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6 takeaways from DoorDash’s IPO filing

We learned a lot about the company as it began the process of going public. Here's a look.
Photo courtesy of DoorDash

DoorDash released filing documents for its long-awaited IPO on Friday, giving the public a glimpse into its inner workings as it looks to drum up $100 million from investors. Here are six takeaways from the filing.

DoorDash has grown very fast …

In a little under three years, DoorDash has gone from one of the smaller delivery players in the U.S. to the largest. In January 2018, it accounted for 17% of delivery sales, according to the filing. By October 2020, DoorDash claimed 50% of those sales.

Total orders also grew steadily each quarter since the start of 2019—and, not surprisingly, have skyrocketed since the pandemic began. But a look at its pre-pandemic growth is probably a better illustration of the trajectory it was on. The company fulfilled 50 million orders in Q1 2019; a year later, that number was 103 million, an increase of more than 100%. 

DoorDash acknowledged the unprecedented effects the pandemic has had on its business, and cautioned that the massive growth would probably not continue.

“We expect the growth rates in revenue, total orders, and Marketplace GOV (gross order volume) to decline in future periods,” it said.

… but it’s still losing money

DoorDash has lost money every year since its founding in 2013, the filing said. That’s not unusual among third-party delivery companies, which have historically struggled to turn a profit in the challenging three-sided marketplace of consumers, restaurants and drivers.

In the nine months ending Sept. 30, 2020, DoorDash generated a net loss of $149 million on revenues of $1.9 billion. It lost far more ($532 million) in the year-ago period, on lower revenues ($587 million). Higher order volumes during the pandemic have made its service more efficient, but the company doesn’t think those volumes will continue.

In its filing, DoorDash warned it would likely continue to lose money as it invests in growth.

“We expect our costs will increase over time and our losses to continue as we expect to invest significant additional funds towards growing our business and operating as a public company,” the company said.

It’s spending a lot on user acquisition

DoorDash sees a huge consumer market for its services, and has spent a lot of money driving people to its platform and getting them to continue using it. 

The 18 million people on its platform as of September represent just 6% of the total U.S. population, the company said, and it’s aggressively pursuing the rest of that pie.

“We use the vast majority of our sales and marketing and promotions spend to bring new consumers to DoorDash and to encourage their repeat use of our platform,” it said. In the nine months ended Sept. 30, it spent $610 million on sales and marketing—about a third of its revenue over that time.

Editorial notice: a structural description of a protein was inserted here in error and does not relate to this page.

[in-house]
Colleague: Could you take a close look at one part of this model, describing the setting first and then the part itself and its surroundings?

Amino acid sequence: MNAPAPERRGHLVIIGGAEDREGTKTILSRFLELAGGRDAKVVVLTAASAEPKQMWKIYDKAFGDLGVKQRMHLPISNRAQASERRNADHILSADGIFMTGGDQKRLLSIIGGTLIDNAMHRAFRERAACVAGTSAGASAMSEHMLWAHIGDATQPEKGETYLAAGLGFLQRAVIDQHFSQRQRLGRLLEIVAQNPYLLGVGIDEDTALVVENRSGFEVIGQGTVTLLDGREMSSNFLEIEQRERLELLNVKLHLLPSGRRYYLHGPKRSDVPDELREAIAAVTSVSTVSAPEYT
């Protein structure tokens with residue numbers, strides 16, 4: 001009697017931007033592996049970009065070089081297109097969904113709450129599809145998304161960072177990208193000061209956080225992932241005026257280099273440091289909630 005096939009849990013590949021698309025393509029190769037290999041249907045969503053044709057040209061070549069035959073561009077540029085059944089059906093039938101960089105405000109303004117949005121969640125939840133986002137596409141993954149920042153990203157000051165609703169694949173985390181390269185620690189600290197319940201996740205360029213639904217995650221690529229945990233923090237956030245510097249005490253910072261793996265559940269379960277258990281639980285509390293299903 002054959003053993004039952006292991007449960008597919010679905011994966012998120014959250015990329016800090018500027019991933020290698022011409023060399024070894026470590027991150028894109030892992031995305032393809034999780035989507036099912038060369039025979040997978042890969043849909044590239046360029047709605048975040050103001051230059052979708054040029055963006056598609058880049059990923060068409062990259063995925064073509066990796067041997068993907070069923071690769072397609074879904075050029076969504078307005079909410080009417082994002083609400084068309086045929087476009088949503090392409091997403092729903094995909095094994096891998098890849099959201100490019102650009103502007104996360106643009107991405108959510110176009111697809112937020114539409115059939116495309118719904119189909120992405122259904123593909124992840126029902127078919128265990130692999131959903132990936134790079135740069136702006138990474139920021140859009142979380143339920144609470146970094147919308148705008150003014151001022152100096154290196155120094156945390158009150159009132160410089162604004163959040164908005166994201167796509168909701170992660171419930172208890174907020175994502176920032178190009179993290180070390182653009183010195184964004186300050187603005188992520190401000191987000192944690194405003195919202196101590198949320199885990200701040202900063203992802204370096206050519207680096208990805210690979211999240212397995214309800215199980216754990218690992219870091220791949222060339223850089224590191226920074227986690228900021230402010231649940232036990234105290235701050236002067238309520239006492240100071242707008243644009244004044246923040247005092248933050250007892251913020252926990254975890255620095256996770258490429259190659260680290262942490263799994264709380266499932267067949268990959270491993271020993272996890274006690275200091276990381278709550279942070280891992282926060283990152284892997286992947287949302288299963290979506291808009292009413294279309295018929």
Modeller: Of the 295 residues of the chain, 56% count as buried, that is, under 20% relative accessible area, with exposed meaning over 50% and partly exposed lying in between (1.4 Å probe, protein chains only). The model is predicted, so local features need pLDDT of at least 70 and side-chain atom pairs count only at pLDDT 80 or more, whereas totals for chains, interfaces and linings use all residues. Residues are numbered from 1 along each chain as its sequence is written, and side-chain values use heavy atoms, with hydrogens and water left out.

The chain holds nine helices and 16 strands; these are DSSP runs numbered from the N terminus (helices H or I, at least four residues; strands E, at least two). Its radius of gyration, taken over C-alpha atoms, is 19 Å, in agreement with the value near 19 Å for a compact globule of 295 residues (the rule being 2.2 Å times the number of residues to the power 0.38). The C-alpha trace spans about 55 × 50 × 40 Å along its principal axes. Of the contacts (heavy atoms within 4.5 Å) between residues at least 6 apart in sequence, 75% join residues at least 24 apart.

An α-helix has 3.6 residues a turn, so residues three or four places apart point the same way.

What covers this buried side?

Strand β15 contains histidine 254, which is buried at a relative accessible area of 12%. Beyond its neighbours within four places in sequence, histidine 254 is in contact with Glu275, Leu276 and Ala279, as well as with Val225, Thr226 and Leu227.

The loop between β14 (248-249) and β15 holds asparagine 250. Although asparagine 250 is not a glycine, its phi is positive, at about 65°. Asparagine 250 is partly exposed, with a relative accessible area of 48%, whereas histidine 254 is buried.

DoorDash owns the ’burbs

In addition to its 50% overall market share, DoorDash is capturing 58% of sales in suburban markets. It has chosen to focus on suburbs and smaller cities from the beginning, and those markets remain key to its growth plans. 

“We believe that suburban markets and smaller metropolitan areas have experienced significantly higher growth compared to larger metropolitan markets because these smaller markets have been historically underserved by merchants and platforms that enable on-demand delivery,” it said in the filing.

Also, families tend to live in the suburbs, and families place larger orders that are more cost-effective for DoorDash. Less traffic and easier parking also makes them more efficient areas for drivers. Not to mention the suburbs are primed for growth as the pandemic has made them more enticing.

Labor legislation still a threat

DoorDash and other gig companies scored a win on Election Day when voters in California passed a measure that will allow the companies to continue treating drivers as independent contractors rather than full-time employees.

But that measure, Proposition 22, still requires DoorDash to provide additional compensation and benefits to drivers, resulting in higher costs that it may have to pass along to restaurants or consumers, it said.

And the company warned that there’s still a chance it could be forced to reclassify its drivers under state or federal law. 

“We could face further challenges to the classification of Dashers that utilize our platform as independent contractors as other states where we operate are considering adopting similar legislation or regulations,” it said.

More than delivery

DoorDash plans to expand its services beyond restaurant delivery, offering things like analytics, merchandising and payment processing for all kinds of businesses.

A key pillar of this plan appears to be its DashPass membership program. DashPass users pay $9.99 per month for unlimited free delivery.

Those members (and there are 5 million of them) have mostly used it to order from restaurants, but DoorDash sees the program becoming “a wallet for the physical world” that people can use at other local businesses—something along the lines of Apple Pay, perhaps.

Expanding beyond restaurants and delivery into the broader realm of e-commerce could allow DoorDash to reach more users and businesses and diversify its business model. 

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